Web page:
By Steve Rizer
In considering updates to its C-700 General Conditions standard contract document, the Engineers Joint Contract Documents Committee (EJCDC) spent “a lot of time” consulting with experts to determine what insurance provisions should be included, EJCDC Construction and Procurement Subcommittee Chairperson James Brown told professionals attending a webinar that WPL Publishing recently sponsored. The document’s provisions addressing insurance represent one of the four categories containing the “most significant” changes made to C-700, a document that he characterized as “the lynchpin” within the organization’s Construction Series of documents.
Under the revised C-700, insurance companies must, at a minimum, have an A.M. Best Co. financial strength rating of “A” and be classified in a financial size category (FSC) of VII. This new provision is “not the most stringent [one that could have been included], but we believe it’s something sufficient to ensure that you’re going to get a good insurance company," Brown said during the webinar, entitled “EJCDC 2013 New Construction Documents: An Overview.”
A.M. Best is a global credit-rating agency serving the insurance industry. The company assigns each rated (“A++” through “D”) insurance company an FSC. The FSC is based on adjusted policyholders’ surplus (PHS) and is designed to provide a convenient indicator of the size of a company in terms of its statutory surplus and related accounts. A class VII designation means that the insurance company has a PHS of at least $50 million.
In another C-700 insurance provision, “the owner and the contractor have to provide policies and endorsements upon the other’s request or even upon the request of an additional insured [party],” Brown reported. In addition, “we added the contractor’s pollution liability, which now covers contamination caused or worsened by the contractor. And we added provisions for professional liability insurance for any delegated design. We followed very closely what the engineer and owner agreement has to provide.”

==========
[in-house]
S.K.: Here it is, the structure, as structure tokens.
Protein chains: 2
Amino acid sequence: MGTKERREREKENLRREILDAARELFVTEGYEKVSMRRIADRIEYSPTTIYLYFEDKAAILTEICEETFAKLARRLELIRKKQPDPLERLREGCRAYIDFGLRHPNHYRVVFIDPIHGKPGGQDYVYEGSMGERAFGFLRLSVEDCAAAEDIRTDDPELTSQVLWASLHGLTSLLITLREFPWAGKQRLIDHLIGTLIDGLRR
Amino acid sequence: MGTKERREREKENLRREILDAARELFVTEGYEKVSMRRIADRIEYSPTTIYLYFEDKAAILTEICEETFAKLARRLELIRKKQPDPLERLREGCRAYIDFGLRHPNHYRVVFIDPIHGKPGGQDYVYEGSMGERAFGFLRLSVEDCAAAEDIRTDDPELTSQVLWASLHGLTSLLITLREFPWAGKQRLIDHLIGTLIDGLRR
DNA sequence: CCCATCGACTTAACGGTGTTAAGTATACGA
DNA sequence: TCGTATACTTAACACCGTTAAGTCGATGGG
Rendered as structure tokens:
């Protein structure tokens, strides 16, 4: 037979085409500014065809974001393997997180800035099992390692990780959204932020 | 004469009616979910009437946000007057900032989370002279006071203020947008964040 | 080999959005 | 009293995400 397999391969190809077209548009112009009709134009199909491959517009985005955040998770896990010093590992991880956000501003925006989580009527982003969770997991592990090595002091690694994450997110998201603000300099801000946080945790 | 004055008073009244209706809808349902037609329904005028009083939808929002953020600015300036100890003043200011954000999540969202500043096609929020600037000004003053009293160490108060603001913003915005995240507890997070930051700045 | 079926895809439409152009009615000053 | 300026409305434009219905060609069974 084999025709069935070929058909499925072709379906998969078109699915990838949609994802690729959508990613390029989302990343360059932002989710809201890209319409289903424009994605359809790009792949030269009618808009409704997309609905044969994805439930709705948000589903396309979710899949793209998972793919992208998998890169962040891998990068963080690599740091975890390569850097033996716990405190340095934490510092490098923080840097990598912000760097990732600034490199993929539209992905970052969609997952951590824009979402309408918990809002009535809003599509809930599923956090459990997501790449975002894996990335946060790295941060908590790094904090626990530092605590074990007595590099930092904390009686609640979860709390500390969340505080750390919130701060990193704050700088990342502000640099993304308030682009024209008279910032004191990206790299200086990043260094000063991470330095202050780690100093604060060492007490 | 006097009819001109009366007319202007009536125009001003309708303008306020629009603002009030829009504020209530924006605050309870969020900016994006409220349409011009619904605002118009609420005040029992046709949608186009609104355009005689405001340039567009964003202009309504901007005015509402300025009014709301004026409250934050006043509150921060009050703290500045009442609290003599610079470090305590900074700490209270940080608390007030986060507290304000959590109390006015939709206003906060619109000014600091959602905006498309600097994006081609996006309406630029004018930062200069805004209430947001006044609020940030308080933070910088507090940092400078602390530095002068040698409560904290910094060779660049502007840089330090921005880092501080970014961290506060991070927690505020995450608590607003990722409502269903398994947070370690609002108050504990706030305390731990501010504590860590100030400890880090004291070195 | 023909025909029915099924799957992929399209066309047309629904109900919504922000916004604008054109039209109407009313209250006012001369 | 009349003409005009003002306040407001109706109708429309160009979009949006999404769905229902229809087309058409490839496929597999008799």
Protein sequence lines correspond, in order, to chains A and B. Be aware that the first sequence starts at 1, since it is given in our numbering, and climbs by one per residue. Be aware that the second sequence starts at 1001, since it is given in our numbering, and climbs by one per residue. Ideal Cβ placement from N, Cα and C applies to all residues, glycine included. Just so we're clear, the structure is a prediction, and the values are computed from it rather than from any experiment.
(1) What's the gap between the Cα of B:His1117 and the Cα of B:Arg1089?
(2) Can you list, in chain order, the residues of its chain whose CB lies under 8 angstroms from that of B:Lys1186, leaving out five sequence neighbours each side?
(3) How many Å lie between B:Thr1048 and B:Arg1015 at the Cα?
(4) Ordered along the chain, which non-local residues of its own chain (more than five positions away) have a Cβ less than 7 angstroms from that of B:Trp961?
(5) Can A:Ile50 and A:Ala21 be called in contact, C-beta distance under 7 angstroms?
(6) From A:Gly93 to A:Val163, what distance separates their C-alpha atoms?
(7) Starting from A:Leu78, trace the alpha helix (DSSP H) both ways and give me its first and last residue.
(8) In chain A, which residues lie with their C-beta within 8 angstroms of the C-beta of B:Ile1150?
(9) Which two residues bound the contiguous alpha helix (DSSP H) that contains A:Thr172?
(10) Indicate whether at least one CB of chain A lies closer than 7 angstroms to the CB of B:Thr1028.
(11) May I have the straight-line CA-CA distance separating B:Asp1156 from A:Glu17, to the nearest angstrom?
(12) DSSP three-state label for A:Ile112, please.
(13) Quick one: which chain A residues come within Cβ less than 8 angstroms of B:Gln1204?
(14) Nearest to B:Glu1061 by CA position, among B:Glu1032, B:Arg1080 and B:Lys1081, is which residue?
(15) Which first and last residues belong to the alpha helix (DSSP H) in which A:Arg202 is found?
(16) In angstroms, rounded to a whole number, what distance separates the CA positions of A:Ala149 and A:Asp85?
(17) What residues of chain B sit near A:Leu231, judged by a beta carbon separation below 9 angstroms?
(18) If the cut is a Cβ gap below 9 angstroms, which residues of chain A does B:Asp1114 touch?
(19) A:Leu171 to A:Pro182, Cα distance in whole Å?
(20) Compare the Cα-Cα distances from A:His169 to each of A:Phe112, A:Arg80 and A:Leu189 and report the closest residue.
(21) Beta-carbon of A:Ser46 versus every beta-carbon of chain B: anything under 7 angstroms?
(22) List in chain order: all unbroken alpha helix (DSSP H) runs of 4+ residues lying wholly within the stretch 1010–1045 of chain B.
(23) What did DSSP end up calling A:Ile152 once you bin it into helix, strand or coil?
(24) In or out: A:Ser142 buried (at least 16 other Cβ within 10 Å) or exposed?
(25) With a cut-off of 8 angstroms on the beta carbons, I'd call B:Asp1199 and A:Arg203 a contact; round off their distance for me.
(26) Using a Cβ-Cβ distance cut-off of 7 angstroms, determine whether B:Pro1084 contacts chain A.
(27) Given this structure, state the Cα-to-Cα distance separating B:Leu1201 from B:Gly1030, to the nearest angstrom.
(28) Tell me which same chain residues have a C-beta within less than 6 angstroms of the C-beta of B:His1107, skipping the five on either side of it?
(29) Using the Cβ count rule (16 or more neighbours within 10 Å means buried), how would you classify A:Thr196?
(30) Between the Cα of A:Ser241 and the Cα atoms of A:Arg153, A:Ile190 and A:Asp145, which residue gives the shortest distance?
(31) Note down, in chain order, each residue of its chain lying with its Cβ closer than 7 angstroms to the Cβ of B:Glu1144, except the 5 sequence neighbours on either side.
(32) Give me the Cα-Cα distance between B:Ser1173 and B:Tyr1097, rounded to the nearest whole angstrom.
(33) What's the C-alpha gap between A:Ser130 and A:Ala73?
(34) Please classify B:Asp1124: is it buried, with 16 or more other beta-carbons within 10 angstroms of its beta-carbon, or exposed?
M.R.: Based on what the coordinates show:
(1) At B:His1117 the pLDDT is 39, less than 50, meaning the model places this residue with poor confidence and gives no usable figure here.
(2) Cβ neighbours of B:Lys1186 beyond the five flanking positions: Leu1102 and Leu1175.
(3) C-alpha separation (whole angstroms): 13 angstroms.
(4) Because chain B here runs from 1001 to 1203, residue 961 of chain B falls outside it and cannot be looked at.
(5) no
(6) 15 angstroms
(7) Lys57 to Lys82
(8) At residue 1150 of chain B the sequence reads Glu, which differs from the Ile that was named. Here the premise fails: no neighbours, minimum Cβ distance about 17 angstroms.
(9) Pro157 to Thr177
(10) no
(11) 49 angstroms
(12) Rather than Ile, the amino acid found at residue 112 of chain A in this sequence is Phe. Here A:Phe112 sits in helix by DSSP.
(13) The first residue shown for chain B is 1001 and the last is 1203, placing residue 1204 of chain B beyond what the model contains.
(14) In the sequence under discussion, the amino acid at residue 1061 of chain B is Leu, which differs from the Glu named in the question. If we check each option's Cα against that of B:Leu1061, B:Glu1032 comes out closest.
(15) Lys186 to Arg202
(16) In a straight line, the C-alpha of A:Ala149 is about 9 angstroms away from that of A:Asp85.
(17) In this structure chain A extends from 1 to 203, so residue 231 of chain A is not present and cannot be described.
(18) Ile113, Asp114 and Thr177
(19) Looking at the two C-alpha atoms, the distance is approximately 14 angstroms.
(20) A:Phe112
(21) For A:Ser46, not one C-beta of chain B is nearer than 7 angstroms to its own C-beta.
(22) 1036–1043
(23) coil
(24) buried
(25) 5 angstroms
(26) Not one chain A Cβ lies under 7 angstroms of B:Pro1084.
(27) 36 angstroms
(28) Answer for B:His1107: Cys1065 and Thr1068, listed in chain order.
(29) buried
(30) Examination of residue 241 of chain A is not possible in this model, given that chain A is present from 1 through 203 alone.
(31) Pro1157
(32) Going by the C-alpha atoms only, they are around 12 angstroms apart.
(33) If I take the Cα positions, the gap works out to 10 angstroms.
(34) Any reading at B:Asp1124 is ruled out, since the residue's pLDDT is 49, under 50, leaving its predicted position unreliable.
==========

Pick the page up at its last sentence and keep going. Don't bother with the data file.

C-700 represents “the real meat” of the Construction Series family of documents, Brown said. “It certainly is … the lynchpin of all the other documents and [is] actually the lynchpin of all the other families. Everything revolves around this. It’s really the main document that everything else was based on, and it’s clearly where we spent most of our time….” Other EJCDC families of documents include Engineering (Owner-Engineer, Master Agreement, Short Form, Engineer-Subconsultant, Teaming Agreement/Joint Venture, and others), Design-Build, Environmental Remediation, and Procurement (Buyer-Seller).
While there are hundreds of changes, he summarized the most significant changes to C-700 within the categories of “general reorganization,” “improvements to changes to the contract and claims,” “updated insurance provisions,” and “differing site conditions.”
“We did a general reorganization,” Brown explained. “As we looked at a lot of different paragraphs, we realized there were provisions really sprinkled throughout the document, and it really made sense to consolidate them. We made some very significant changes, and frankly what I consider the most significant change [was] to the process of what I like to call ‘just resolving simple arguments and disagreements.’ And as we discussed the nature of claims and how claims were going to be handled, we really understood that we had to make some changes to the differing-site-condition clauses.”
Brown, a vice president for Malcolm Pirnie, the water division of the global environmental engineering and consulting firm Arcadis-U.S. Inc., also discussed several other key EJCDC Construction Series documents, including those addressing advertisements for bids, qualifications statements, instructions to bidders, bid forms, supplementary conditions, and other areas.
To purchase a recording of the 90-minute webinar, visit http://constructionpronet.com/Products/1087.aspx.